Sunday, January 10, 2010



A belief in a supernatural source of evil is not necessary; men alone are quite capable of every wickedness . . .

—Joseph Conrad - 1911

BITCH SLAP starts with this quote floating in the center of the screen. It later becomes apparent that with this quote, BITCH SLAP references humankind in general and not just men. BITCH SLAP features women who are violently running the show, and these are women that have little or no time for men. In some strange way, all of the men in BITCH SLAP except one become neutered, murdered victims. The horrifying fact is that the women who are in power are ultimately more despicable than the men. If there is any argument vis-à-vis female empowerment in this film, it has been subverted by director Rick Jacobson’s nonstop camera leering. In short, the men have been killed, and the women triumph, but the men have the last laugh because the camera is deep in female cleavage and gazes longingly at their posteriors.

The film starts with Trixie (Julia Voth) bleeding and crawling in the dust at the center of fire and black smoke. She wonders aloud, “Oh my God, how did it come to this?” This is the moment of realtime. The rest of the film builds to this moment in flashback. This mechanism is much like the exploding car at the beginning of CASINO or the florescent bulbs on the ceiling in CARLITO’S WAY.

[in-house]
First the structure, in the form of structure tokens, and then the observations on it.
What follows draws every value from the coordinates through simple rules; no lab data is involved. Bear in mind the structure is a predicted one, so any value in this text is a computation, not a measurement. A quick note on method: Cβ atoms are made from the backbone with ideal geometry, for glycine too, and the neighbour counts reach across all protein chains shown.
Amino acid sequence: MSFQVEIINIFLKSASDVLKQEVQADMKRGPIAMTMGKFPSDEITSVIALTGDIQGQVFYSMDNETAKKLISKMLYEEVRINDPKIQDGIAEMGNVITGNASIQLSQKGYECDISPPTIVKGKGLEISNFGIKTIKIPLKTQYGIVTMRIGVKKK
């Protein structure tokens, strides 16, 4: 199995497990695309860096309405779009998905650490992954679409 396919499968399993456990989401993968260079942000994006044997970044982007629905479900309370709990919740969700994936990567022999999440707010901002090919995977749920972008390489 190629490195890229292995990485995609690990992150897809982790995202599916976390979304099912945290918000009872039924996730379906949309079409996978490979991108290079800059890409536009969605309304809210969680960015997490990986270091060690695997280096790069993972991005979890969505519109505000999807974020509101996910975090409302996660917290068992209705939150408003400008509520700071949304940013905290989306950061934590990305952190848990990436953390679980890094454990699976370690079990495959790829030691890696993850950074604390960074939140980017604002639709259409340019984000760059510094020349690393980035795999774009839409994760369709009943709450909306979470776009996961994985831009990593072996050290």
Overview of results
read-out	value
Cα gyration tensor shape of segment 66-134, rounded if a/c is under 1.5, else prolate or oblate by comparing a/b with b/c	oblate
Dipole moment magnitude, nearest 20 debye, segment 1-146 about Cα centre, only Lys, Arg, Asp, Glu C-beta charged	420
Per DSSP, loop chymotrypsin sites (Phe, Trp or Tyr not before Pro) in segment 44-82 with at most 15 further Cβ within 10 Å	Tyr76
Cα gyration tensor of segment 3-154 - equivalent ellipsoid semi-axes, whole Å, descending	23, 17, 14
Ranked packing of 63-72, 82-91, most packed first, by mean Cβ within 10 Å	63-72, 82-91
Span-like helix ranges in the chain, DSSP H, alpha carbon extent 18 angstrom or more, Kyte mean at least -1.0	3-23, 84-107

The introduction credits run over a montage of film clips featuring scenes of sex and violence from various exploitation films from the 60s and 70s. Then we see three women in the dusty desert slo-mo-stepping out of a 60s model T-bird. As Camero (America Olivo), Hel (Erin Cummings), and Trixie are caressed by the camera, the assumption is that they are a team. The truth of the matter is that they are all at odds with each other. The only way to determine some of the intricacies in their connections with each other (some sexual, some criminal) is to watch them torture and ultimately kill Gage (Michael Hurst), the foul-mouthed whoremonger they have imprisoned in the trunk of the car.

Gage’s murder sets off a series of flashbacks that show his connection to Trixie and Camero. However Hel remains a mystery character, and there is also reference to a super-shady underworld character named Pinky who mangles his way through numerous enemies wielding a samurai sword.

What makes this film worth a second viewing is all the back story that pulls it together. Some of it is crudely funny (every time a woman takes a punch or kick to the crotch, there is a comedic sound effect), but it is all gratuitous. Camero has a history as a convict on the run hanging out at a monastery hooking up with nuns. Trixie is a stripper that is so beautiful that the whole club stops when she hits the stage, and celestial light shoots out of her crotch. Hel is a criminal with connections that get her and Camero out of a jailcell and sets them both on a mission to find a bag with 200 million dollars worth of diamonds. As the plot continues to reveal the characters’ history, we learn that something big went down at a place called “The Glory Hole,” and that is ground zero for the fallout that Trixie finds herself in at the beginning of the film.